Aerotropolis Atlanta focuses on commercial and residential growth around the world's busiest airport.
Officials with Aerotropolis Atlanta said the area is becoming more attractive to businesses that eschewed it in the past.
“We’re providing tangible results to influence the narrative,” Shannon James, Aerotropolis President and CEO told the group at its annual meeting last week at the Georgia International Convention Center.
Morcease Beasley, superintendent of Clayton County Schools, said south metro schools have a strong role to play in making the aerotropolis area around Hartsfield-Jackson International Airport a destination for business and residential development. HYOSUB SHIN / HSHIN@AJC.COM
The improvements come two years after a 2016 study of economic health around the airport found that unemployment was 43 percent higher than in the city of Atlanta and 81 percent higher than the national average, said Rob LeBeau, workforce solutions division manager at the Atlanta Regional Commission.
“These high unemployment rates, along with limited transportation access to quality jobs, contributed to an economic picture where nearly 1 in 5 households earned less than $15,000 a year,” LeBeau said.
To address the issue leaders aligned efforts with the more than 100 workforce groups working in the area and focused on ways to create opportunities for residents.
Morcease Beasley, superintendent of Clayton County Schools, said the quality of education also is improving in the south metro area, a key element in bringing jobs and economic development.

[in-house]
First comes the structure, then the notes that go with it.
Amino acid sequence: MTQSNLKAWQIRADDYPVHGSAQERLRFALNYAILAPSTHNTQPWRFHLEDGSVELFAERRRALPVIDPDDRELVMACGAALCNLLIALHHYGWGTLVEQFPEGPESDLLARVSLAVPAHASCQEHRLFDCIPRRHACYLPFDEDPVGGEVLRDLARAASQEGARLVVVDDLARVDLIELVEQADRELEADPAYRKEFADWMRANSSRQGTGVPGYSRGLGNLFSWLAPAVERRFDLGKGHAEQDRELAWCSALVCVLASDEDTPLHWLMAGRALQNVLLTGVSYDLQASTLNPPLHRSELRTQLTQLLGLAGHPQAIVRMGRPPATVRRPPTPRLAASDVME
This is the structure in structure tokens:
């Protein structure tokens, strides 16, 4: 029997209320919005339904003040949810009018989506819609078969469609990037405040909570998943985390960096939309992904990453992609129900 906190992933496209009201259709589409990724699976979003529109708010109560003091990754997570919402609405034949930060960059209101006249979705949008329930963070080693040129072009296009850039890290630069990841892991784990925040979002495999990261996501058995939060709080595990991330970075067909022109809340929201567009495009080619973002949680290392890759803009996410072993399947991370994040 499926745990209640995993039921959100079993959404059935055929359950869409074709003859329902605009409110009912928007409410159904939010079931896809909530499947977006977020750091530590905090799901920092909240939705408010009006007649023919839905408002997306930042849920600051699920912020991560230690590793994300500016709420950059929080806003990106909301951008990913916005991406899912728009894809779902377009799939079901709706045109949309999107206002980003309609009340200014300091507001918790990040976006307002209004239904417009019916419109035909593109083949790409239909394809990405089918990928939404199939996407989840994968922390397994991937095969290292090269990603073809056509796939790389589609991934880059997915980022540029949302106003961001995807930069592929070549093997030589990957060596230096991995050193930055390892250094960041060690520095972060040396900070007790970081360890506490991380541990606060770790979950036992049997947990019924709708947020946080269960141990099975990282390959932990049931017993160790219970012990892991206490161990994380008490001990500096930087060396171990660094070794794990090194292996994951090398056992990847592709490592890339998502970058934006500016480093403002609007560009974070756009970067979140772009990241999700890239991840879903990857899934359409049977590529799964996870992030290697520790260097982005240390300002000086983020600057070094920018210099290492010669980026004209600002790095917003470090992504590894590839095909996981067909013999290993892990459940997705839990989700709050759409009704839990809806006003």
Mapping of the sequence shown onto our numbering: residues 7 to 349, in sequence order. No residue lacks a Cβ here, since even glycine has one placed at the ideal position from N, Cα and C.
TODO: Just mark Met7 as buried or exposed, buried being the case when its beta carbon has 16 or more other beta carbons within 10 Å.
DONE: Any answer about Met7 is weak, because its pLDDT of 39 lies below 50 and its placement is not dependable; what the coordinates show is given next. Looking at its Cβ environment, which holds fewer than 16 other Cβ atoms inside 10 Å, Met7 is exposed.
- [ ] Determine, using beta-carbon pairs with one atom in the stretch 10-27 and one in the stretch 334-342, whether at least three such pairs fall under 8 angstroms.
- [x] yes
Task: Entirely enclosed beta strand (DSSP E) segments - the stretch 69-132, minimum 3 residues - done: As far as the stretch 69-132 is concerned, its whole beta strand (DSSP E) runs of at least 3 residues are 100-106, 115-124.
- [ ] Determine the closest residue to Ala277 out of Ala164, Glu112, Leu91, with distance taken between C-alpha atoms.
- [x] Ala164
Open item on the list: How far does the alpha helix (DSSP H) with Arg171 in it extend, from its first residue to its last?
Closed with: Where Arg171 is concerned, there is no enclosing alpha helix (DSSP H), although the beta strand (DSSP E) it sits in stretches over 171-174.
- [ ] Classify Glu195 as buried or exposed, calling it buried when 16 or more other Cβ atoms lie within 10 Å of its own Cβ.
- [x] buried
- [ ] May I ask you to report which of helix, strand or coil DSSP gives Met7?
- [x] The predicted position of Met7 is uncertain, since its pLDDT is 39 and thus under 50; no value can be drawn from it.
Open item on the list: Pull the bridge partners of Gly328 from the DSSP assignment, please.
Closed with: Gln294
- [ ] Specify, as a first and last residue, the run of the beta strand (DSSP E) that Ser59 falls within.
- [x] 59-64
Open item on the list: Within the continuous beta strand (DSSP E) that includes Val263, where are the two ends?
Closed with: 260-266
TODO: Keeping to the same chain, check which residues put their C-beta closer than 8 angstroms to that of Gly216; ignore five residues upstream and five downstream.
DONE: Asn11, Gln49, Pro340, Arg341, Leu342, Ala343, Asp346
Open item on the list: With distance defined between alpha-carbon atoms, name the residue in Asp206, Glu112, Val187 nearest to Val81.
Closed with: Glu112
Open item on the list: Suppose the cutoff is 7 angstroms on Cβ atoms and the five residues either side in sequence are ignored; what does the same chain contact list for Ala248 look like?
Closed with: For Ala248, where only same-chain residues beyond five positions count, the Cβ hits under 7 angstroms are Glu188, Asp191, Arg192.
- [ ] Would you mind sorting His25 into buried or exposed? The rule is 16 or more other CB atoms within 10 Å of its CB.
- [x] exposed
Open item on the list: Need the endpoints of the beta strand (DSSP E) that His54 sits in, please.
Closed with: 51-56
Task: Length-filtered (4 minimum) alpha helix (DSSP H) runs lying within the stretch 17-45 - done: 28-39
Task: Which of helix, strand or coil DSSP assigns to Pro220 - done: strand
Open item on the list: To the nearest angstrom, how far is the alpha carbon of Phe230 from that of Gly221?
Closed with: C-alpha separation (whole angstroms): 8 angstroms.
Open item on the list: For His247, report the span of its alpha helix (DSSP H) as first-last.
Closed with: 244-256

Beasley, a member of the Aerotropolis' education work group, said people too often focus on his district's loss of accreditation in 2008, which was caused by infighting among school board members and the system's central office, instead of asking how the school system is performing today. The system became fully accredited again in 2016.
To avoid answering questions about the past, he said, Clayton and South Fulton educators need to do a better job marketing all the educational opportunities, including the expansion of foreign language curriculum, classes in aeronautics and a push to get more students in advance placement classes.
“All the time people want to talk about what happened 10 years ago,” he said. “We have decided we will not respond to what you call us, we will respond to what we are.”
Why it matters
Supporters of economic development around Hartsfield-Jackson International say leveraging the status of the world’s busiest airport could boost the standard of living for many in south metro Atlanta. While the area has madeeconomic strides over the past five years, it still trails the rest of the metro in job creation and economic opportunity, and its schools continue to fight the perception among some that they are poor performers.